Professors Benedict Kingsbury, Thomas Streinz, and J.H.H. Weiler
Global internet corporations (e.g. Amazon, Apple, Facebook, Google, Microsoft, Twitter) have played leading roles in shaping the transnational digital order, enabled by light regulation and robust liability protection in the US. Their platforms make rules, and their lobbying has influenced both national regulators and international treaty negotiators especially in the digital trade chapter of the Trans-Pacific Partnership and similar agreements. But these US companies are encountering increasing state and EU regulatory pushback, and a different approach prevails in China, the home of several world-leading internet companies (e.g. Alibaba, Huawei, Ten-Cent). All of these interactions spill over into some remaking of traditional international law.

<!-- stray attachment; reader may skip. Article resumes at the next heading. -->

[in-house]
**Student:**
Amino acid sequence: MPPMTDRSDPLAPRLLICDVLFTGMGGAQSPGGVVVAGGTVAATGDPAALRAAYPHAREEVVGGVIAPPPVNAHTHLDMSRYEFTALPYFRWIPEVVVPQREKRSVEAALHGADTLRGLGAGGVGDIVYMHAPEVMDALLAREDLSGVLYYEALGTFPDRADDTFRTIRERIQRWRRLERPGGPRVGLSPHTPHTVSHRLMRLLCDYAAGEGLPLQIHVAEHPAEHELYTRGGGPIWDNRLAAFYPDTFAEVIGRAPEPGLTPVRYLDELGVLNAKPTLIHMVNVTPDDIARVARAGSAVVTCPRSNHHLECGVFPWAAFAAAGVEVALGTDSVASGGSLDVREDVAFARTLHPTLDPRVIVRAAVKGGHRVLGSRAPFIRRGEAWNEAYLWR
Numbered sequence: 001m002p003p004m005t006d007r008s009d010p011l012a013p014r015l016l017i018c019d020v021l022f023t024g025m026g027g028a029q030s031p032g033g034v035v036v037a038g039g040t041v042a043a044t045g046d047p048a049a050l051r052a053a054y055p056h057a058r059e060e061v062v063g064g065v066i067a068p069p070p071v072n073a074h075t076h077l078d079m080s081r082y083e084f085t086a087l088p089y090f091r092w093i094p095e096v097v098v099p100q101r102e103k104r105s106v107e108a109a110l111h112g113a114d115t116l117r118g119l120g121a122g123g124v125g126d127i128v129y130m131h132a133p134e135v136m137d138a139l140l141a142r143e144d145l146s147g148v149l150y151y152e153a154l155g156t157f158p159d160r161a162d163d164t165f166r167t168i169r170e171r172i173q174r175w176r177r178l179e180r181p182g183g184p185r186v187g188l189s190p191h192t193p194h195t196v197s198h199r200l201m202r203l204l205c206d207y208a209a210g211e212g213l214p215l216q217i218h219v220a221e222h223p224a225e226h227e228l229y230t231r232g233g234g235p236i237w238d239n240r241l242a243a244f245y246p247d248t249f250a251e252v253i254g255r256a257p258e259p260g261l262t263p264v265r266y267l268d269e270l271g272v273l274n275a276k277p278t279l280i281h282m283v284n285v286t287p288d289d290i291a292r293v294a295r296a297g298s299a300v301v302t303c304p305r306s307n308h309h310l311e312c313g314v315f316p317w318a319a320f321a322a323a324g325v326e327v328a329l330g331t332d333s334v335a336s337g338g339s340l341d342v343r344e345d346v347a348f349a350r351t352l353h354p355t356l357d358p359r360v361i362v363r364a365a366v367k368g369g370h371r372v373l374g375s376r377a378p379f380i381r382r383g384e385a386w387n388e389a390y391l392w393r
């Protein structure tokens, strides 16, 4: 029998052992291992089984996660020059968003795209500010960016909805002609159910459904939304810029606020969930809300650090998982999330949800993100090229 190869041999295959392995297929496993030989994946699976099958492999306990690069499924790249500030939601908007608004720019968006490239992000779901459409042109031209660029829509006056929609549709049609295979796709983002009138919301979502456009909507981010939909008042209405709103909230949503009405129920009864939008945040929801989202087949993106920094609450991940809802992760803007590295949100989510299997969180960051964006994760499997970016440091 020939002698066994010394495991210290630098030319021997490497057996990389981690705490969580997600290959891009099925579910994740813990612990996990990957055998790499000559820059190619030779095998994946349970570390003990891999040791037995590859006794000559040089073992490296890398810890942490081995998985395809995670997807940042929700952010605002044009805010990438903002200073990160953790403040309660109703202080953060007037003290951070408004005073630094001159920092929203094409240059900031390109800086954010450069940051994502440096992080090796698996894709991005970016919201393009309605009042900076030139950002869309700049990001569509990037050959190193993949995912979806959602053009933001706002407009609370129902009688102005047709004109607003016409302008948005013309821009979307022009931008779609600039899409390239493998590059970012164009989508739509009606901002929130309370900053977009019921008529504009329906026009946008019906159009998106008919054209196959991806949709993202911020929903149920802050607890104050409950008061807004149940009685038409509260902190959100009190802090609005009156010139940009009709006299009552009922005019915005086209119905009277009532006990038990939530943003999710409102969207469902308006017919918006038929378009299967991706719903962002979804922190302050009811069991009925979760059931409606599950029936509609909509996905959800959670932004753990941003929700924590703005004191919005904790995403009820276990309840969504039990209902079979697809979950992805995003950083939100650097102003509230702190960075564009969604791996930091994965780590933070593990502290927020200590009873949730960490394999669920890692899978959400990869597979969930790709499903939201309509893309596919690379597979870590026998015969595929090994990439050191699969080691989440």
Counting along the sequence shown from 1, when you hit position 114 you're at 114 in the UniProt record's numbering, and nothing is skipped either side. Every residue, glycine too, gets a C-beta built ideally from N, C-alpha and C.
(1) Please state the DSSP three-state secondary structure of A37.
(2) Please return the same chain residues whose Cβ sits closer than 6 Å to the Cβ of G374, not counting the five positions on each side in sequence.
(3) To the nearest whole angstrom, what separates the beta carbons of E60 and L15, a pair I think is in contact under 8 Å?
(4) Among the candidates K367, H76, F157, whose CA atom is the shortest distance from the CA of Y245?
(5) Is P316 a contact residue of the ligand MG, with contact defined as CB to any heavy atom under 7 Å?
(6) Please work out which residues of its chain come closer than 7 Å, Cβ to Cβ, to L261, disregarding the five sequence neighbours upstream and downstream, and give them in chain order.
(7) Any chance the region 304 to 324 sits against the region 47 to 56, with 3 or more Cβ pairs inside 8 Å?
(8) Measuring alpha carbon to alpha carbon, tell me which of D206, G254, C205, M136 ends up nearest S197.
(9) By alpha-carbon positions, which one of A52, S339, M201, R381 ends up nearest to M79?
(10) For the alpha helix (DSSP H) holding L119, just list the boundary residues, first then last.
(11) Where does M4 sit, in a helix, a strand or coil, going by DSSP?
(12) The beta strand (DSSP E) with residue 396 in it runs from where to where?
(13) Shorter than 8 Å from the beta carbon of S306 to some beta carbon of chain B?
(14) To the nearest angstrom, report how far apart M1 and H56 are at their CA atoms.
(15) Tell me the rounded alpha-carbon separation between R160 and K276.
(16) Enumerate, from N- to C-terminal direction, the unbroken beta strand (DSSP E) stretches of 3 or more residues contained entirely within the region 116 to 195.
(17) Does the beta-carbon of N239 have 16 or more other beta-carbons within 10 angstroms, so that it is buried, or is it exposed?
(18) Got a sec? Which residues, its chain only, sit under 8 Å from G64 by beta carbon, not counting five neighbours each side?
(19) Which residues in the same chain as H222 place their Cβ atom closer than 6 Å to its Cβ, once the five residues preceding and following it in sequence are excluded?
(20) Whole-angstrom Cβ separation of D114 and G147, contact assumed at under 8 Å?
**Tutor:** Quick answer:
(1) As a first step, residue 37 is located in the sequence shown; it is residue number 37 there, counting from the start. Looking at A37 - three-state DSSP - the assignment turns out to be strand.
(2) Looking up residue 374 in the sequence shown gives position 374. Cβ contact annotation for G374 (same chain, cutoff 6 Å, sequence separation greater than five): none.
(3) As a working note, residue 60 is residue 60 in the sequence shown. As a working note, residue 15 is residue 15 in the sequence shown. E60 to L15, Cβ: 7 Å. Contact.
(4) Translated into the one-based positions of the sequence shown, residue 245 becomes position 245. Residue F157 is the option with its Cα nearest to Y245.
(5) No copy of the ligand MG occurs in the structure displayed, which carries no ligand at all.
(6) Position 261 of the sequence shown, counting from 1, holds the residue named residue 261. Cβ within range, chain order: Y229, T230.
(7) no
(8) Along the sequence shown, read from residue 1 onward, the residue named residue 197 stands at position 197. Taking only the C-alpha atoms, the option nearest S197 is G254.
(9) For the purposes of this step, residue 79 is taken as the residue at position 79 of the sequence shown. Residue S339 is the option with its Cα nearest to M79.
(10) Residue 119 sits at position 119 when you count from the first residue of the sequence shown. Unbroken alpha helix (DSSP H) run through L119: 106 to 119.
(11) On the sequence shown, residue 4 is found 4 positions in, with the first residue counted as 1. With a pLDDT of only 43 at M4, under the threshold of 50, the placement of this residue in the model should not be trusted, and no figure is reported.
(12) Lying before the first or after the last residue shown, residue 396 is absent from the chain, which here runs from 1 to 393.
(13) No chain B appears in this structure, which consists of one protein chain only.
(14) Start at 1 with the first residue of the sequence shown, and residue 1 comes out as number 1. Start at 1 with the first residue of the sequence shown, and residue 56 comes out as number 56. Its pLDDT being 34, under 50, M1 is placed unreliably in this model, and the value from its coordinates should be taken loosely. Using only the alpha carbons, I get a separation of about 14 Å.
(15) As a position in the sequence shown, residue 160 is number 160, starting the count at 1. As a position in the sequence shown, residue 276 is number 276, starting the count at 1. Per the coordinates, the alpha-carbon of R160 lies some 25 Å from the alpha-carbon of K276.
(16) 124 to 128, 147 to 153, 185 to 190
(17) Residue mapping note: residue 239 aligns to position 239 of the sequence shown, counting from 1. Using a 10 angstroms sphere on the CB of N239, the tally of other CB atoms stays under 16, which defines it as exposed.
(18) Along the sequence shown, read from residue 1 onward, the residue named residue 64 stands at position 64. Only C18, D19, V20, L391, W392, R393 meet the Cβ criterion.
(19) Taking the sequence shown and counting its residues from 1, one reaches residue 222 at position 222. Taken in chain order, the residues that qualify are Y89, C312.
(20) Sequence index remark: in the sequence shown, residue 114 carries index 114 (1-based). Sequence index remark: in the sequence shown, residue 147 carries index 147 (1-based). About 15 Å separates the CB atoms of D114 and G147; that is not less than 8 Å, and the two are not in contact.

Guest Speaker Sessions (4:10-6:00 p.m. Vanderbilt Hall, Room 208)
- Monday, 5 November 2018: Julie E. Cohen, Georgetown Law: Legal Constructions of Informational Capitalism
- Monday, 12 November 2018: Lisa Austin, University of Toronto: Safe Sharing Sites
- Monday, 26 November 2018: Scott Hemphill, NYU Law: Disruptive Monopolists